November 27, 2006 (39th Parliament, 1st Session)


Judy Wasylycia-Leis

New Democratic Party

Ms. Judy Wasylycia-Leis (Winnipeg North, NDP)

Mr. Speaker, I am pleased to have an opportunity to join with my colleagues in support of the motion presented by the Conservative government. This is a historic occasion for our country. It is a time for all of us to reflect on who we are and to express our dreams for this country. In this context, the NDP supports the motion that recognizes the Québécois people as a nation within a united Canada.
For clarification purposes, I want to also indicate that the NDP will be opposing the original motion presented by the Bloc Québécois which very simply suggested that the Quebec people form a nation. Given all of the developments over the last few days, it is important to explain exactly why we feel this way and what is important about this occasion.
When this issue erupted on November 22, at first we felt considerable joy that there was this unity in the House over a longstanding matter that had to be resolved, that being the question of how to recognize Quebec within the federalist family within Canada. That soon turned into a heated debate between politicians, through the media, and among premiers and other leaders in this country.
I am not sure the debate filtered too far down into our community level, but it certainly took on a whole new dimension, especially when the Prime Minister, over the course of this weekend, chose to start muttering out loud about further developments on the constitutional front. He suggested that he was prepared to look at opening up the Constitution to address spending powers. Canadians suddenly started feeling a sense of déjà vu.
We have had Meech; we have had Charlottetown. We have had numerous other federal-provincial meetings and discussions, and heated debates. And here we go again with another attempt to open the door, so that this country could actually start to lose its unity of purpose because the hidden agenda is one of ceding federal powers to the provinces. This debate has taken on a whole new set of values and a heck of a lot of interest on the part of Canadians because they truly are wondering what this means in real terms.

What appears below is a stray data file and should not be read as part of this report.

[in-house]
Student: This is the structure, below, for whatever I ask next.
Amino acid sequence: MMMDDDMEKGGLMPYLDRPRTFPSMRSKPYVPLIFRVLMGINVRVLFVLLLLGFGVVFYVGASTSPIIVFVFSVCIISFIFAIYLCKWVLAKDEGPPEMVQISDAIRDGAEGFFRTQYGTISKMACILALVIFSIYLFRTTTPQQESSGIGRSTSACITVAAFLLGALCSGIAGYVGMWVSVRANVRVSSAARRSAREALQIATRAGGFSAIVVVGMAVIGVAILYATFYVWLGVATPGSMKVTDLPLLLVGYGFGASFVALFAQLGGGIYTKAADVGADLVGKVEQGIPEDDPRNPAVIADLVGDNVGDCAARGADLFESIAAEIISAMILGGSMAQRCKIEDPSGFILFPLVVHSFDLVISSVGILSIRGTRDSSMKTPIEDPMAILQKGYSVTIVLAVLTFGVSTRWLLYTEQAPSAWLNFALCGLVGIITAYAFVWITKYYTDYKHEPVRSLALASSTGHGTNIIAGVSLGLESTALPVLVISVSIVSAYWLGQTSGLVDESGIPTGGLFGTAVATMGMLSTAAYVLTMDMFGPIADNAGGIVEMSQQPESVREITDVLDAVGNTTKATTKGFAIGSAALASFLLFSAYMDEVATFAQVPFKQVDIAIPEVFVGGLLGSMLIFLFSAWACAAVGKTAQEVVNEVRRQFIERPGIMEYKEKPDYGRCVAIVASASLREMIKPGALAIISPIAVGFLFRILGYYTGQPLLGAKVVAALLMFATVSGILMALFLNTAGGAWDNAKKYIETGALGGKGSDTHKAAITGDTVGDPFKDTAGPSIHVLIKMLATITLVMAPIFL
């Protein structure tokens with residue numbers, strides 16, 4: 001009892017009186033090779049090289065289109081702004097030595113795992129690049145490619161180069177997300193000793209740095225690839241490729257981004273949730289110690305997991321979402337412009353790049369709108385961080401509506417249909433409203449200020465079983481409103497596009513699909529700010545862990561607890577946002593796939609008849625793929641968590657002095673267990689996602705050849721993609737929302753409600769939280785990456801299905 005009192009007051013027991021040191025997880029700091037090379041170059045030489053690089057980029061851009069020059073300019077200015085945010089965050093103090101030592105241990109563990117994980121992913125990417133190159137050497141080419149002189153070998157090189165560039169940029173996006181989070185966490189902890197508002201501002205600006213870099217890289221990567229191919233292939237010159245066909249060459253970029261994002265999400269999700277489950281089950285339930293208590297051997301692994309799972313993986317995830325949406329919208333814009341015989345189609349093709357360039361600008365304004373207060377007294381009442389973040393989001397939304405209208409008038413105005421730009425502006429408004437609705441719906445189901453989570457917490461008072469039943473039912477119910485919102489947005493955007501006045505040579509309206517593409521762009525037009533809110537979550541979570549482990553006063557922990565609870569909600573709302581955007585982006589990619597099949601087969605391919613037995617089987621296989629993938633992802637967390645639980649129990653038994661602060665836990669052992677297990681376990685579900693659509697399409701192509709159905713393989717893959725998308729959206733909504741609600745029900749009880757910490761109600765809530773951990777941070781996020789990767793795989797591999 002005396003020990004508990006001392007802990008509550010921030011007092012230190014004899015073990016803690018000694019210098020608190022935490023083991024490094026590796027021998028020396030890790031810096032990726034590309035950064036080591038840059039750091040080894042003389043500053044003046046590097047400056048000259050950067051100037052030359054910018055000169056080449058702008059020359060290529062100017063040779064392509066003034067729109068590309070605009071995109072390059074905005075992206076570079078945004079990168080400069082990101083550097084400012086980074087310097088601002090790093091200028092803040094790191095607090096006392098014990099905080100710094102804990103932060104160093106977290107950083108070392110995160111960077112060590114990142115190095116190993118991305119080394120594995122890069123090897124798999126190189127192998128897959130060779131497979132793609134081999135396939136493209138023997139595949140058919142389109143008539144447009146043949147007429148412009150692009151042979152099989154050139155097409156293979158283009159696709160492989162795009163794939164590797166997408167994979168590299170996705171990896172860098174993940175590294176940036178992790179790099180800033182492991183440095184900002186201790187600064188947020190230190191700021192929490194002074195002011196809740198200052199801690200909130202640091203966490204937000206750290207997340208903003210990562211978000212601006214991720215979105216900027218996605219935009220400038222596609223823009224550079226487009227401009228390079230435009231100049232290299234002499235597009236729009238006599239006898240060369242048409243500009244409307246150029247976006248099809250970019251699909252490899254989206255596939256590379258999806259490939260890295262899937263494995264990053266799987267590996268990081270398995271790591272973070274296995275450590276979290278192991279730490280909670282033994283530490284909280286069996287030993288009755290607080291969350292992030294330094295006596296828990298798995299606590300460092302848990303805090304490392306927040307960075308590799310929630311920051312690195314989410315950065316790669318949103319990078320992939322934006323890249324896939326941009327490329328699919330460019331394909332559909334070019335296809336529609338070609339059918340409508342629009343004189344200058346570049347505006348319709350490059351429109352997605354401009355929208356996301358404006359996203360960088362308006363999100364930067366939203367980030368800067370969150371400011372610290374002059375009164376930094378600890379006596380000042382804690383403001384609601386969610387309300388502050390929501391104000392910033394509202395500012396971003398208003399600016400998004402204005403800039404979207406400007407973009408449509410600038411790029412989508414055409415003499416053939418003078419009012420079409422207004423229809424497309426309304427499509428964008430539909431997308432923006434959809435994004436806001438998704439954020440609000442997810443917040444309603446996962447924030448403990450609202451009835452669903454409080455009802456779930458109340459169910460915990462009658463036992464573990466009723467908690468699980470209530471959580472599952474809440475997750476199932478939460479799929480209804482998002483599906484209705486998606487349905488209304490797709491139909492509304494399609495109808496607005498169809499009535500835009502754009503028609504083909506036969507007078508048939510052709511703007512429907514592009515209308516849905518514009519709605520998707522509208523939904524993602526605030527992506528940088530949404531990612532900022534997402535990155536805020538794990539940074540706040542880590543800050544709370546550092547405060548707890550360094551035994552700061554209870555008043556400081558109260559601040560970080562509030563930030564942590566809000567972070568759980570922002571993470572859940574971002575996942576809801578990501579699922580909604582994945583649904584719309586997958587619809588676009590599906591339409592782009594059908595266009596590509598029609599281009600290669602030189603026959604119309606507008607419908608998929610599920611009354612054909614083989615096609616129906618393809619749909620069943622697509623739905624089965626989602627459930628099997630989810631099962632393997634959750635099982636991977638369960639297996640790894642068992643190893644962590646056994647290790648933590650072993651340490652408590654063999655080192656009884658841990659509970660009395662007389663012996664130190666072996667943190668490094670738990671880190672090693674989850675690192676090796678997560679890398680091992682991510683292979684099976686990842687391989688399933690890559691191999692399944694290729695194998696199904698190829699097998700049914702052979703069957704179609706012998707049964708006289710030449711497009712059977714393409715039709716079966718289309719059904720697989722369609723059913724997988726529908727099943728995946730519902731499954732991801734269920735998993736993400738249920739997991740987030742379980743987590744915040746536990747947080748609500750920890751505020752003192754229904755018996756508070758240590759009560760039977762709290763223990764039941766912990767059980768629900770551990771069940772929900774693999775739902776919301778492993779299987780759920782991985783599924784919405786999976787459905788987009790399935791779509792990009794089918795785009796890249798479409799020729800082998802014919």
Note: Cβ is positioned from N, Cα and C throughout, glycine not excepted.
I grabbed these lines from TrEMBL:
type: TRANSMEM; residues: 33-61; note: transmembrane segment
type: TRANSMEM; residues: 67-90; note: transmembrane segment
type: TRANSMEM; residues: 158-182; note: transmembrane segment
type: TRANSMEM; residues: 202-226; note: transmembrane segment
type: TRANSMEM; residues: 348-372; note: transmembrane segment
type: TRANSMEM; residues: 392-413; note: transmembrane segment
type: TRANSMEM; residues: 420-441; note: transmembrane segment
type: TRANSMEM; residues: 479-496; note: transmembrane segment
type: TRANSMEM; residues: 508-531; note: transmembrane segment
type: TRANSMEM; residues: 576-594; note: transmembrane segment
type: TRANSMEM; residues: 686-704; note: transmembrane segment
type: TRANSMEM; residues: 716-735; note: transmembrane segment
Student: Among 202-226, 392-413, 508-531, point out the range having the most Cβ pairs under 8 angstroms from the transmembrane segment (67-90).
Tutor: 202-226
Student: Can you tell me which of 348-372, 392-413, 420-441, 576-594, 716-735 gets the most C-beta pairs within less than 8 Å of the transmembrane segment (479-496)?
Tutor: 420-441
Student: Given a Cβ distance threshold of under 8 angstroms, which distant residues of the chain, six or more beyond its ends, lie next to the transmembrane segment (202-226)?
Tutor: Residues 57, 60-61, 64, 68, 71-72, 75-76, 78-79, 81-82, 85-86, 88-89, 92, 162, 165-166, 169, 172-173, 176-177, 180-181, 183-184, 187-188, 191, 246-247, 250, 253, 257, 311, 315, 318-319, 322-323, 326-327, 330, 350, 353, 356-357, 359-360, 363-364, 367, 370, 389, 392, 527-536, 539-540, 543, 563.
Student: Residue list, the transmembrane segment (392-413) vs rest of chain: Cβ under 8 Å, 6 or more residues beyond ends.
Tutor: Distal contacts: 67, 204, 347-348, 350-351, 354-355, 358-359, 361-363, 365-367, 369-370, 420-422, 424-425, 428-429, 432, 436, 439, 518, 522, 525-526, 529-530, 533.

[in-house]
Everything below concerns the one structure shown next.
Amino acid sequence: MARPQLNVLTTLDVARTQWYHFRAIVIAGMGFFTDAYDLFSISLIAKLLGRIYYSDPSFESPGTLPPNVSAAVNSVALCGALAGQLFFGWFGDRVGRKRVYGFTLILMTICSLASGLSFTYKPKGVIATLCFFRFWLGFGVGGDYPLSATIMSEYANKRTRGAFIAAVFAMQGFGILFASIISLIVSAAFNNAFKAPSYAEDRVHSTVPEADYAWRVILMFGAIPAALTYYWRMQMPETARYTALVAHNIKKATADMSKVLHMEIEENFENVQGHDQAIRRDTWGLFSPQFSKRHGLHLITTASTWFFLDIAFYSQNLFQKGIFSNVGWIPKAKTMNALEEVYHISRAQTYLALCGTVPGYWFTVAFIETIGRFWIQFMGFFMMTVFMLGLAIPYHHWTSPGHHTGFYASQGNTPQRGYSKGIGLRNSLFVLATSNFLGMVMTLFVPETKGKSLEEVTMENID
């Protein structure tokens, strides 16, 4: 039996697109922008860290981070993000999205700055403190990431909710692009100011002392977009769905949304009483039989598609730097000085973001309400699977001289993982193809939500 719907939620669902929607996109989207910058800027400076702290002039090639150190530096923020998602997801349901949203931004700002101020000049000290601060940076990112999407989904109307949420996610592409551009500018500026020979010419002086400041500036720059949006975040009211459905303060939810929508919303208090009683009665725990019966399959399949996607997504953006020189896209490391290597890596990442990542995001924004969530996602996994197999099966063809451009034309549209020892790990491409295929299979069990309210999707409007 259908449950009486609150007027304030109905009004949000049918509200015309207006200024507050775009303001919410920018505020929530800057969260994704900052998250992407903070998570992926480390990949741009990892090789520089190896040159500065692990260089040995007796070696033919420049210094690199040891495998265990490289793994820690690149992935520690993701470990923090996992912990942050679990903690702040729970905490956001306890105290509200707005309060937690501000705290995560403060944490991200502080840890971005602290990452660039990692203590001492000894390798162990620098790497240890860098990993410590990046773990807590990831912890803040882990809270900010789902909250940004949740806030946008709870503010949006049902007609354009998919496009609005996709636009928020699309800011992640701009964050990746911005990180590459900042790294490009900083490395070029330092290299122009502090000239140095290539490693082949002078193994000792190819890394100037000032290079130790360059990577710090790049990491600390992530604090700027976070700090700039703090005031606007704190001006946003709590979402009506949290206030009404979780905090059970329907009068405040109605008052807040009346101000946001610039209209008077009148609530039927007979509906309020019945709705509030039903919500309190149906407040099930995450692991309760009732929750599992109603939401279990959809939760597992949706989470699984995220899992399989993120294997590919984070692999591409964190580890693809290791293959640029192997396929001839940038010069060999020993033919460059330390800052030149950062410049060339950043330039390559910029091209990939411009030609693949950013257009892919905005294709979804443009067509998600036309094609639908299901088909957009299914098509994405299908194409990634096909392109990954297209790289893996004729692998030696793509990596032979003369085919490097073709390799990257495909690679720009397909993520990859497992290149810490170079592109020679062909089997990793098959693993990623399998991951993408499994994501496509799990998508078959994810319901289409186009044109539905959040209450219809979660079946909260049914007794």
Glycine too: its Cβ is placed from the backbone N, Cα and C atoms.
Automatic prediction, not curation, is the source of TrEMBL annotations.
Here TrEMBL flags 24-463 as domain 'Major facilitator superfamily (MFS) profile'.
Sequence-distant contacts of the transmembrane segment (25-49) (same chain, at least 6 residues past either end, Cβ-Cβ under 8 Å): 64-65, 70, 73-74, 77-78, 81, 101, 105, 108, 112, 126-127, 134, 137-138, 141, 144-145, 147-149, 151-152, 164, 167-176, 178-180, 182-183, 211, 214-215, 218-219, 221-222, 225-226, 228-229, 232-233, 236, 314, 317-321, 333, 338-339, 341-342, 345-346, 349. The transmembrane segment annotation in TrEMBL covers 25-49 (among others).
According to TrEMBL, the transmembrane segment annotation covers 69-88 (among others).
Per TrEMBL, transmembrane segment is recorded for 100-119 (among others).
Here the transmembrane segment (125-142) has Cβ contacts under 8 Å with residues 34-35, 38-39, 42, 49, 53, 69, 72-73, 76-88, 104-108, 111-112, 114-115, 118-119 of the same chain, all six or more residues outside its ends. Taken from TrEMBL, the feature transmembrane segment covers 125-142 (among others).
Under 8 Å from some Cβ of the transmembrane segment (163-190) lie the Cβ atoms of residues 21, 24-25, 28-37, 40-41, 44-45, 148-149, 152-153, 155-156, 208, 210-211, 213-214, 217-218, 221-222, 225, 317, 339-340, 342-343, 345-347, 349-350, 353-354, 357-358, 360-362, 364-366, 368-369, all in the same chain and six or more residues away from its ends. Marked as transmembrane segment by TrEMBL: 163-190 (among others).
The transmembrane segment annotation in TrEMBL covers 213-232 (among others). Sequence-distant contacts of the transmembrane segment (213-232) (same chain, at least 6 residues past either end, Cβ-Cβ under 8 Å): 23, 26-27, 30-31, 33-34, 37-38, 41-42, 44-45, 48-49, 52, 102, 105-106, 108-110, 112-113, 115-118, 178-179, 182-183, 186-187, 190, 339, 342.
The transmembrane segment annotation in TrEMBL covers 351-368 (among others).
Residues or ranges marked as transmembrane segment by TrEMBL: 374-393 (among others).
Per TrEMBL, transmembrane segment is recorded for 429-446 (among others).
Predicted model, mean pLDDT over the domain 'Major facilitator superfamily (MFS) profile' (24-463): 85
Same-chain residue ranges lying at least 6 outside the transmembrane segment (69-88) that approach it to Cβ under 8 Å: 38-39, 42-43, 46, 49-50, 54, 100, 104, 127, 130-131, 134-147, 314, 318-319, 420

I want to start by saying what it means to New Democrats and what it does not mean to New Democrats. I want to ensure that the House knows how we address the questions of our aboriginal people in the context of this motion and how we celebrate the ethnocultural diversity of this land given this motion.
The unease and concern of Canadians has to do with definition. For me and for some folks who have worked and talked, and thought about the issue of the unique status and the distinct nature of Quebec society, it might be clear. We therefore have little trouble putting down on paper that we see the Québécois people as a nation within Canada. For us it is a description that defines a people. It reflects a history. It is imbued with all kinds of meanings and values. It is important.
It is important for people like me to stand and say it is long overdue that we resolve this historical impasse and that we come to some resolution that will not open the door further to any thought of devolving federal powers or opening the door to the Québécois people to separate. That is what we must be absolutely sure about today.
We in the NDP support this motion on the basis of recognizing the role, the culture, and the people of Quebec throughout our history. We have done this since our party began. Whether we are talking about Stanley Knowles, who was a member of Parliament from my area for many years, or David Orlikow, who also was part of this place for 25 years, or going back to David Lewis and Tommy Douglas. Our leaders, our politicians, and our representatives have always tried to recognize that which is unique about Quebec and to stand proud in describing our country in those terms.
More recently, we have grappled with this notion in the context of federalism and how we define federalism while recognizing that status of Quebec. We as a country have debated that and we have come to recognize that asymmetrical federalism is probably a doable approach, that it can in fact lead to that which we all desire, which is a united Canada that recognizes the uniqueness of Quebec.
Under no circumstances have we, at any point, intended that to mean the debate is wide open for further diminishment of our federal government in the nation state, or for further encouragement to the Québécois people to consider separation or sovereignty. No, our debates have been on how to ensure a united Canada, how we can accommodate the demands and the place of history in this country without putting us on a path of losing something which is absolutely important. We come today to say that we support this notion that Quebec people constitute a nation within this country.